In spite of manifest errors, the publication referred to undoubtedly shows that a regular system of recording this music existed among the old pipers, and this is confirmed by the article on “Nether Lorn Canntaireachd,” by Major Grant yr. of Rothiemurchus in “The Pipes of War.” If other manuscripts exist, emanating from MacCrimmon sources, it might be possible to reconstruct the system and thus correct the versions in staff notation in the case of many Pibrochs undoubtedly incorrectly recorded. –I am, etc.,

Enthusiast

OT: 30 June 1923 – Charles Bannatyne “Piobaireachd and Cowal Highland Gathering”



The Oban Times, 30 June, 1923

Piobaireachd and Cowal Highland Gathering

Salsburgh, by Holytown, June 25, 1923

Sir,–To kill two dogs with one stone, may I be allowed to bracket together and reply to two letters in your issue of 23rd inst. I may say I am in favour of the competition for piobaireachd for youths of 18 and under, if competitors can be gat, which is moot point. Fingers of 18 and under are not of the calibre to play a piobaireachd with effect, but the intention of the competition is good and worthy of encouragement. I believe we should stick to the traditional method of playing the old tunes if we know it! But every teacher of Ceol Mor swears he has the only method, and consequently we have 1000 traditional methods. The nearest to tradition is that method which conserves the melody, but that method never gets any support. Humbug and syncopation carry the day every time.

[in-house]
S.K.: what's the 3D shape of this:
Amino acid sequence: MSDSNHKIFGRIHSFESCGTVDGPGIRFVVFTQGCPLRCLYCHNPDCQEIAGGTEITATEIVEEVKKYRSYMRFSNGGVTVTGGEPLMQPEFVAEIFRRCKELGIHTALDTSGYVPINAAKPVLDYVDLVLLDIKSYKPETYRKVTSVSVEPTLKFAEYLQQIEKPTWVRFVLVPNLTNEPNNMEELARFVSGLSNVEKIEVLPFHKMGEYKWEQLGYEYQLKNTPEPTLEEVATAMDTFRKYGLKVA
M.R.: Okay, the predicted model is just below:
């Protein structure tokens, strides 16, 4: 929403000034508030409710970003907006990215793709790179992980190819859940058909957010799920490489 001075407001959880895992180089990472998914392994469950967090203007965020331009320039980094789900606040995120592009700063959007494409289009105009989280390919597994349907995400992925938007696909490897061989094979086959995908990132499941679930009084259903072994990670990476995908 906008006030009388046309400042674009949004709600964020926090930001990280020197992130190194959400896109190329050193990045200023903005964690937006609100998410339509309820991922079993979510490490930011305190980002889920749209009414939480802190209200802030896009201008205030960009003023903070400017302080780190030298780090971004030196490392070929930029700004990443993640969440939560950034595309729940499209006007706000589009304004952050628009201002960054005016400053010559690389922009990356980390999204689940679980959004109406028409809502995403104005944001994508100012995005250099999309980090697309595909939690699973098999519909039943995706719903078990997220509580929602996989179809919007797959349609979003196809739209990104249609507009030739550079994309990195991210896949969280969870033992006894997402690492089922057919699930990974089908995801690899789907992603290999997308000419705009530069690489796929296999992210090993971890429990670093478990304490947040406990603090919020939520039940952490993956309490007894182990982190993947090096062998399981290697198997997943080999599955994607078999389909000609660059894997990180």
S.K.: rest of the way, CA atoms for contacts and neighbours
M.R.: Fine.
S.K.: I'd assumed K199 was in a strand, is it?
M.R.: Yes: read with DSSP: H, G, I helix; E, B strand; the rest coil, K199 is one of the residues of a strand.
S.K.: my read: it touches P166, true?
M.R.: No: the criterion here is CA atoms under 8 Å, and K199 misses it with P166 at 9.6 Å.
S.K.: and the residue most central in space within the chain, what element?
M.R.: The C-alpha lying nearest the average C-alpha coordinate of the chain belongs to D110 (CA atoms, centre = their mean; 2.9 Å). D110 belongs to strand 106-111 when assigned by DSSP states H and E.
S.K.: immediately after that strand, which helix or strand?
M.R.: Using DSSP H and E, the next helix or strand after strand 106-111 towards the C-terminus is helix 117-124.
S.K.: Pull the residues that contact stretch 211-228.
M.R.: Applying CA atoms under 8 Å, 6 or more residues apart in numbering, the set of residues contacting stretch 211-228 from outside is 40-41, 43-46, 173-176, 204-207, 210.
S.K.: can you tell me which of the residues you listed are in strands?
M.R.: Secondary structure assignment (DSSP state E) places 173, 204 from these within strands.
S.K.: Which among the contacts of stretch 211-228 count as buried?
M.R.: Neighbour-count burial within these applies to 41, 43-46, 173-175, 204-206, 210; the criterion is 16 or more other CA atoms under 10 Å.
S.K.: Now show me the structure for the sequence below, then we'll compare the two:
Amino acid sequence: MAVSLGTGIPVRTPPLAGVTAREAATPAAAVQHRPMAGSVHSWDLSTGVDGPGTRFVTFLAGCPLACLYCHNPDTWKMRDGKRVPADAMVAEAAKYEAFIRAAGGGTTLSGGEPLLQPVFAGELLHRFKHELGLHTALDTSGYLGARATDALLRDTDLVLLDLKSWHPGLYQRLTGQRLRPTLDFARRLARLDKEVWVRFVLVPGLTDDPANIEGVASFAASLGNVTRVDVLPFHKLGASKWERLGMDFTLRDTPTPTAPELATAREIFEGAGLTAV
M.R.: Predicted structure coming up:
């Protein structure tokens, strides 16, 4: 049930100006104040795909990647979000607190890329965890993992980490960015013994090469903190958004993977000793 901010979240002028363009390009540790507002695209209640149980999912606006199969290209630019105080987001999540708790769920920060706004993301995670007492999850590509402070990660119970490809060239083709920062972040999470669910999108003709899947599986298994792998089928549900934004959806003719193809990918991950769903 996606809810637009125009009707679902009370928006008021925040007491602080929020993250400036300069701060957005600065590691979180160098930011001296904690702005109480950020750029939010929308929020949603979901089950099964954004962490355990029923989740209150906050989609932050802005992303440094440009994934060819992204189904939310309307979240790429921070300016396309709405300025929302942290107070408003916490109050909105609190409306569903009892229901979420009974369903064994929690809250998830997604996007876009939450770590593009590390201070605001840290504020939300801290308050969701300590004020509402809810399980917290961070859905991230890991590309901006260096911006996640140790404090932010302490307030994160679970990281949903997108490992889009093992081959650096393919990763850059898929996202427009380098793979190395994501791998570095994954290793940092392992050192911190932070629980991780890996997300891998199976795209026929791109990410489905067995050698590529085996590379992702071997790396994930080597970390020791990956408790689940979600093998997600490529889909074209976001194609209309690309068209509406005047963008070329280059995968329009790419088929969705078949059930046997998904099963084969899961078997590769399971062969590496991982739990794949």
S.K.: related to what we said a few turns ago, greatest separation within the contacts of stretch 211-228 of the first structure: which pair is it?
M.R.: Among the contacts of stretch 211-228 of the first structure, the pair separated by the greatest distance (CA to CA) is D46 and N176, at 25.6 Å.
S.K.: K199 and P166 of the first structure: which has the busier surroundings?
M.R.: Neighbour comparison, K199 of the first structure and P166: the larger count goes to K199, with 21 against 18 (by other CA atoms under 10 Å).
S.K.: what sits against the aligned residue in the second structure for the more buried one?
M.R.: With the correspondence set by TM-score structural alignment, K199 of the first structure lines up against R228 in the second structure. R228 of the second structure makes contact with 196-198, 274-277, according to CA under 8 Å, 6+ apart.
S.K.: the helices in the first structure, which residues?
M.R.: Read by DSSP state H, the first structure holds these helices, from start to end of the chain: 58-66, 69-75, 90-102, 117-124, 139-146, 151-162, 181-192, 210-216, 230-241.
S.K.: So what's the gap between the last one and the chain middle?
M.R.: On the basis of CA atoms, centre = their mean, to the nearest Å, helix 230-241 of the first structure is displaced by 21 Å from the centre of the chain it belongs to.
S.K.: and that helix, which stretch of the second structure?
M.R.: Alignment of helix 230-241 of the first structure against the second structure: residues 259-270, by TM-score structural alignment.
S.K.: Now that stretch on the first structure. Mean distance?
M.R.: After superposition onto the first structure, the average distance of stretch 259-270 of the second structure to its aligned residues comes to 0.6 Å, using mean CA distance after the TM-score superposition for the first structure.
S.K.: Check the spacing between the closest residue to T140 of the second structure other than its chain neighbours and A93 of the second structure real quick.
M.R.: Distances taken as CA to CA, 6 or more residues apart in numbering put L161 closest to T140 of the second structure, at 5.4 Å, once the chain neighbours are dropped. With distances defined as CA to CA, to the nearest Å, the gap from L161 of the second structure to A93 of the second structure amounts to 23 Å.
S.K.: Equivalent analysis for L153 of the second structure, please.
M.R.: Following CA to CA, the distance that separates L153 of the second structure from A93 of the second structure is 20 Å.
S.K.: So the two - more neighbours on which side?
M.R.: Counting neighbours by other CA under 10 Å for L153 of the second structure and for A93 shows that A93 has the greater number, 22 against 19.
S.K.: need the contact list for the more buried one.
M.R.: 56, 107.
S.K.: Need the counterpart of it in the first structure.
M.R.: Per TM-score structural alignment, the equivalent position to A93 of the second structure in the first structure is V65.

Regard “Port nan Diornaig”– “The Tune of the Small Stones “–it refers to that taking of Rothesay Castle in 1333. Then the Butemen were in league with Campbell of Lochow, and hearing of the storming of Dunoon Castle, the Rothesay men who remained at home stormed Rothesay Castle, armed only with stones! The keeper then was John Mac Ghillebride, whose father, Ghillebride Mac Amalyn, was a grandson of the then Celtic Earl of Lennox and ancestor of the Bannatyne’s of Bute. Amalyn’s name appears as witness of a MacFarlane charter in 1296, and he is called the second son of the Earl of Lennox. Wyntoun calls the battle in which the Rothesay men took the Castle from John MacGhillebride Mac Amalyn “The Battle (Batayle) Dornang.” or “Dornaig,” the Gaelic for a small stone.– I am, etc.,